Report: Target Depending More on Non-Discretionary Products

Non-discretionary merchandise accounted for 44 percent of sales in 2011, up from 39 percent in 2009-and driving the shift is a strategy to induce the retailer's loyal, high-income shoppers to buy more rather than attracting new customers, according to a recent Star Tribune Point of Sale blog post.

Target has reportedly been reinventing itself by increasingly depending on non-discretionary products to drive sales at the expense of discretionary items.

A recent Star Tribune Point of Sale blog post notes that non-discretionary merchandise, which includes household goods and food, accounted for 44 percent of sales in 2011-up from 39 percent in 2009. At that rate, non-discretionary items could account for more than half of Target's sales in just a few years.

Writer Thomas Lee points out that while Target has adjusted its sales mix, it hasn't changed its image as the “cheap chic” retailer of choice for designers like Michael Graves, Missoni, Liberty, and Jason Wu. In other words, “Target may hang out with the fashionistas in New York but it's mainly selling toilet paper and cat food to everyone else,” Lee writes.

Driving the shift, he says, is a strategy to induce the retailer's loyal, higher-income shoppers to buy more rather than attracting new customers.

And there are signs that the strategy is working. Target's same-store sales-sales at stores open for at least a year and an industry barometer-grew 3 percent in 2011. Most of the boost reportedly came from shoppers buying more items per purchase and spending more money. The average transaction amount jumped 2.6 percent last year-substantially more than the 0.1 percent increase in 2010.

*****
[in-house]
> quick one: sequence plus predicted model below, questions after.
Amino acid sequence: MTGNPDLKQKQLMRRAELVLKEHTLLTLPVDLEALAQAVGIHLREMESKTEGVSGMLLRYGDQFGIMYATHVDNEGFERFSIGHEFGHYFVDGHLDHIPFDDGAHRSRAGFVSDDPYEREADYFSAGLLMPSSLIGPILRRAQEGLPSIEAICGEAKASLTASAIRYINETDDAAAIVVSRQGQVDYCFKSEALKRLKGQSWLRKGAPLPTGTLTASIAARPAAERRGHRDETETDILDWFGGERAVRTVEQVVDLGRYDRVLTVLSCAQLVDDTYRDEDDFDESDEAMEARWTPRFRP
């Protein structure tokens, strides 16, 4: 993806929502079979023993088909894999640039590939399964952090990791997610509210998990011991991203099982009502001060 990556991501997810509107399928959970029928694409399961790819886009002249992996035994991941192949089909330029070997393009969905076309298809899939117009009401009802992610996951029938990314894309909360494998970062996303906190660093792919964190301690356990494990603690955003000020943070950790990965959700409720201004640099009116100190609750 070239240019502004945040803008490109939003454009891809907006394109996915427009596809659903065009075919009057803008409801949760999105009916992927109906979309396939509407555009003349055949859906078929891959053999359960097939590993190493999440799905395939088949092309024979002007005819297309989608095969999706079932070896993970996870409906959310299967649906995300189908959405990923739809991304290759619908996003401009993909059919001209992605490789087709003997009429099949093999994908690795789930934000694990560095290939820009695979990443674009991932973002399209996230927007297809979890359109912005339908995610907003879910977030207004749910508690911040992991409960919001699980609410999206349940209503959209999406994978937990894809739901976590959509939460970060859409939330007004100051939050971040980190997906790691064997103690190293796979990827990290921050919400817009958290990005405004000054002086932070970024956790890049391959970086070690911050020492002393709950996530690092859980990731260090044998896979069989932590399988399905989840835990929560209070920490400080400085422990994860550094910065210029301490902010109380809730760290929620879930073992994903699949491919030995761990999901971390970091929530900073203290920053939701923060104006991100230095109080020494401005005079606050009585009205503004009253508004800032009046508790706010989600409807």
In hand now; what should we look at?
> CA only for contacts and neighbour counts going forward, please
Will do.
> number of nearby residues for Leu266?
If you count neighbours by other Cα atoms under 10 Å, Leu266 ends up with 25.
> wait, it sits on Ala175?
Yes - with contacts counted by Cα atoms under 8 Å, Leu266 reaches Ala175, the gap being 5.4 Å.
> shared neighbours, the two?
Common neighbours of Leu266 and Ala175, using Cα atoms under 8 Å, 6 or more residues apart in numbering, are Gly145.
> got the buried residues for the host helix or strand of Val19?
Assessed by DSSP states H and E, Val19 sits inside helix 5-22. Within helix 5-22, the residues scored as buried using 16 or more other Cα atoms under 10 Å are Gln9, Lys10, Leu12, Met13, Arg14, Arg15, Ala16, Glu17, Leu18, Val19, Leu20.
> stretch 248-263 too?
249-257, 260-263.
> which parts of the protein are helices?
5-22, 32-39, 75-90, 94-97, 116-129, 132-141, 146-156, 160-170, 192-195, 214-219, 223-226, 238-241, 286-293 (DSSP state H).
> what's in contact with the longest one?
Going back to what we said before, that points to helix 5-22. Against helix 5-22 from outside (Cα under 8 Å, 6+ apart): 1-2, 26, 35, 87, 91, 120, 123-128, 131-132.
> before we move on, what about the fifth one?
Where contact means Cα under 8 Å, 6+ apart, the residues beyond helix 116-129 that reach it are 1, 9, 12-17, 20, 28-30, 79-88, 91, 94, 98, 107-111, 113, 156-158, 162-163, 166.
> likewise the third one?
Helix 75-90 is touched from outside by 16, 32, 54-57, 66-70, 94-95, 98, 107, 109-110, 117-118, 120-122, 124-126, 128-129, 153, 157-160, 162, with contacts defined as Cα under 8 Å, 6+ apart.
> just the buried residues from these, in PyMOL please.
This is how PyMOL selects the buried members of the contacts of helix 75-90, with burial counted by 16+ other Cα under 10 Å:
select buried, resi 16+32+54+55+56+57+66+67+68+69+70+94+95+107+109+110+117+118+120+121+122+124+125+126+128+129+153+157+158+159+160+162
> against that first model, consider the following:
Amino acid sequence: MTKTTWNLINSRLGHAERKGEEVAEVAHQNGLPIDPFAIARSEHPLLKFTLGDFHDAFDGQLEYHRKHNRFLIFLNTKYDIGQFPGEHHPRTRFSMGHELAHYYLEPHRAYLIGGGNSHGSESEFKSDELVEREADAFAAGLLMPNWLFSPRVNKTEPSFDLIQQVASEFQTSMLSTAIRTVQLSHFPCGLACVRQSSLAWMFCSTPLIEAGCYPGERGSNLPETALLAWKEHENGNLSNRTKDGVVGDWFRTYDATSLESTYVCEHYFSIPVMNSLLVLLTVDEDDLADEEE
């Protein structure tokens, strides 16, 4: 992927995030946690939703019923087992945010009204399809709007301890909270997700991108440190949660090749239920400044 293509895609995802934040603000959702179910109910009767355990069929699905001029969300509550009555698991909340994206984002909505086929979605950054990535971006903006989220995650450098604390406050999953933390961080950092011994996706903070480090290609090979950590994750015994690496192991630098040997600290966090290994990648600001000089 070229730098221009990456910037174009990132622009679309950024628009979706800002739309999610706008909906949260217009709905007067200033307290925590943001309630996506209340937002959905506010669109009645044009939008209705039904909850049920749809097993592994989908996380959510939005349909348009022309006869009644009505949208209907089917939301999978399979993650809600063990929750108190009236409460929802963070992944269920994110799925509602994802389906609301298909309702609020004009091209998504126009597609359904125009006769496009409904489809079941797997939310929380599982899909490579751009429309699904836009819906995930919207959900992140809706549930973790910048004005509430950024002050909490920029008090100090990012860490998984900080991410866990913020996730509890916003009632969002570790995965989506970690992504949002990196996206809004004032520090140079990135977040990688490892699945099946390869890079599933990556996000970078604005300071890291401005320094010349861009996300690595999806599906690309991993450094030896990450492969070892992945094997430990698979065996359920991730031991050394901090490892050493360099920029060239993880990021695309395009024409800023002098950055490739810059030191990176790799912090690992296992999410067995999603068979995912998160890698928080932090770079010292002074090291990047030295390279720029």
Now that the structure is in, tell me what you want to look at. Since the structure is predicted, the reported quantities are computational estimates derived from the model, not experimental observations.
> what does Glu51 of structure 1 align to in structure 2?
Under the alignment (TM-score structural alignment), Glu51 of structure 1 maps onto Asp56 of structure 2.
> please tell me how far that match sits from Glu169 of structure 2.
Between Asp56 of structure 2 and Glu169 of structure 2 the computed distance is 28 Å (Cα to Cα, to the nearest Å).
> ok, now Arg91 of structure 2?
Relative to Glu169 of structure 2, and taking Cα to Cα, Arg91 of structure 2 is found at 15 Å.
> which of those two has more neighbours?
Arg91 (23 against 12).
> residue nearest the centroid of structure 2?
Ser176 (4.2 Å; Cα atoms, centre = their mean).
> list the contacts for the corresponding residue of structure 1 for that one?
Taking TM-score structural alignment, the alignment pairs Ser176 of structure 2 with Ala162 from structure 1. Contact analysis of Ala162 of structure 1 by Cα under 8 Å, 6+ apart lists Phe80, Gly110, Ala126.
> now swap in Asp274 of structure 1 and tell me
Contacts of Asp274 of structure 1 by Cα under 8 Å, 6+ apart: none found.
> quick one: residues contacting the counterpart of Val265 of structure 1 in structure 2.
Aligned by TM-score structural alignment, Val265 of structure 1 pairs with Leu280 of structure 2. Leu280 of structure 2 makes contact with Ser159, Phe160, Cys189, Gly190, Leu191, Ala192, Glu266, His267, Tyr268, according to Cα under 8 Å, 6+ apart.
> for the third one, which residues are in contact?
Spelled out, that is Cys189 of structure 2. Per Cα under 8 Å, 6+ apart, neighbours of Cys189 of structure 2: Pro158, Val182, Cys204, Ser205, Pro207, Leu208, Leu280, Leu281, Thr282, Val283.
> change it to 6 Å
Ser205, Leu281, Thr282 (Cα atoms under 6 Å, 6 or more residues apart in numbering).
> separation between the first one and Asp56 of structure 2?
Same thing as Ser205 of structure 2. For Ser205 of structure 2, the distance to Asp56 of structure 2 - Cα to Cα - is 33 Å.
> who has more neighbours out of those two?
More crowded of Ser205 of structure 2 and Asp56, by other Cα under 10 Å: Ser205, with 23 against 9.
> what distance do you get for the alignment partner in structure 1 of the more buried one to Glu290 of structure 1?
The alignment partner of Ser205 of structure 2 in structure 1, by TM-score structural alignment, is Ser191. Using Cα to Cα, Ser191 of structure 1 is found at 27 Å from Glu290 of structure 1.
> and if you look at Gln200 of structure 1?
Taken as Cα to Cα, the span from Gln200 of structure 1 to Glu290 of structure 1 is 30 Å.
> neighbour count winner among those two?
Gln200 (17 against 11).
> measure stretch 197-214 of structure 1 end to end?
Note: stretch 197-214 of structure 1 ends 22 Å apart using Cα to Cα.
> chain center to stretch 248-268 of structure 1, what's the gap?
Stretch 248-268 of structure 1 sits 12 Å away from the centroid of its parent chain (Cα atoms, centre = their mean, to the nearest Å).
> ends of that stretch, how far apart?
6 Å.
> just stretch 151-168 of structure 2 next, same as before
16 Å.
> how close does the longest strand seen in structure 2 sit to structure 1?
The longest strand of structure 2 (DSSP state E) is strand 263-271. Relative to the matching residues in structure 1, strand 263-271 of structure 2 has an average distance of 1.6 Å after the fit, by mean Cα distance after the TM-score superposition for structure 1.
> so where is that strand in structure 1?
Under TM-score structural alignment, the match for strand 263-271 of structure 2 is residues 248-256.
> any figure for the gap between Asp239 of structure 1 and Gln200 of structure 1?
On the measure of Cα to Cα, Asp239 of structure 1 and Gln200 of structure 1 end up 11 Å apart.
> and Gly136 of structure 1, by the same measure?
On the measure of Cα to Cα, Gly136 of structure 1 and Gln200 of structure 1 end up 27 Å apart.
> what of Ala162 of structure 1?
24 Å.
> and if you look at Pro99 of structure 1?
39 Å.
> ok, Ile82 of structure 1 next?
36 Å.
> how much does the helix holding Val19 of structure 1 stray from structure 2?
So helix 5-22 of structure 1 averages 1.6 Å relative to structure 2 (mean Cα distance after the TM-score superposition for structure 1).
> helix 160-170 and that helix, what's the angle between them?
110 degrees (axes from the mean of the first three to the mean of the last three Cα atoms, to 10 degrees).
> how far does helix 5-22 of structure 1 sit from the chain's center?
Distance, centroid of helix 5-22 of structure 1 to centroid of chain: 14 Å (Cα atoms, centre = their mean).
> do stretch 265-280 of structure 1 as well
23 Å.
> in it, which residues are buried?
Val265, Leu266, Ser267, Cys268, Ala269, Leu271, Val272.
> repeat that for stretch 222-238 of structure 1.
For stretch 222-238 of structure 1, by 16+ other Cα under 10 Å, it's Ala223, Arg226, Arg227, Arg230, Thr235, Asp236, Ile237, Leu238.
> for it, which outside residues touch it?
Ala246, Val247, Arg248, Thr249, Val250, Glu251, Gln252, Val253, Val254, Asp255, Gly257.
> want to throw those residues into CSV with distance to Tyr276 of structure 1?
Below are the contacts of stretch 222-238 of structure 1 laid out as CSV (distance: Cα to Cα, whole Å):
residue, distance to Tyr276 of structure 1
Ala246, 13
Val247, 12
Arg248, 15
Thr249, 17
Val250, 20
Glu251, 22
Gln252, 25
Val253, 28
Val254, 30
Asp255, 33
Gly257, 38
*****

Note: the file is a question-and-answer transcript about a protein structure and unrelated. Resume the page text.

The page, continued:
The focus now must be on profitability, according to the blog. Target has remodeled its stores to its PFresh grocery format, which includes meat, fish, and bakery items. And it continues to offer its REDcard, which provides users with an automatic 5 percent discount off total purchases at the register. But Target has reportedly struggled at times to get its PFresh and REDcard shoppers to buy higher-priced merchandise throughout the store-which is important because grocery and beauty items carry lower profit margins than clothing and furniture.

Target serves customers at 1,767 stores and on its website-and it will expand into Canada next year. It is Minnesota's second-largest public company based on revenue, which totaled $68.5 billion in the fiscal year that ended in January. The retailer saw significant same-store sales increases in both January and February.

To read the full Star Tribune blog post about Target's reinvention, click here.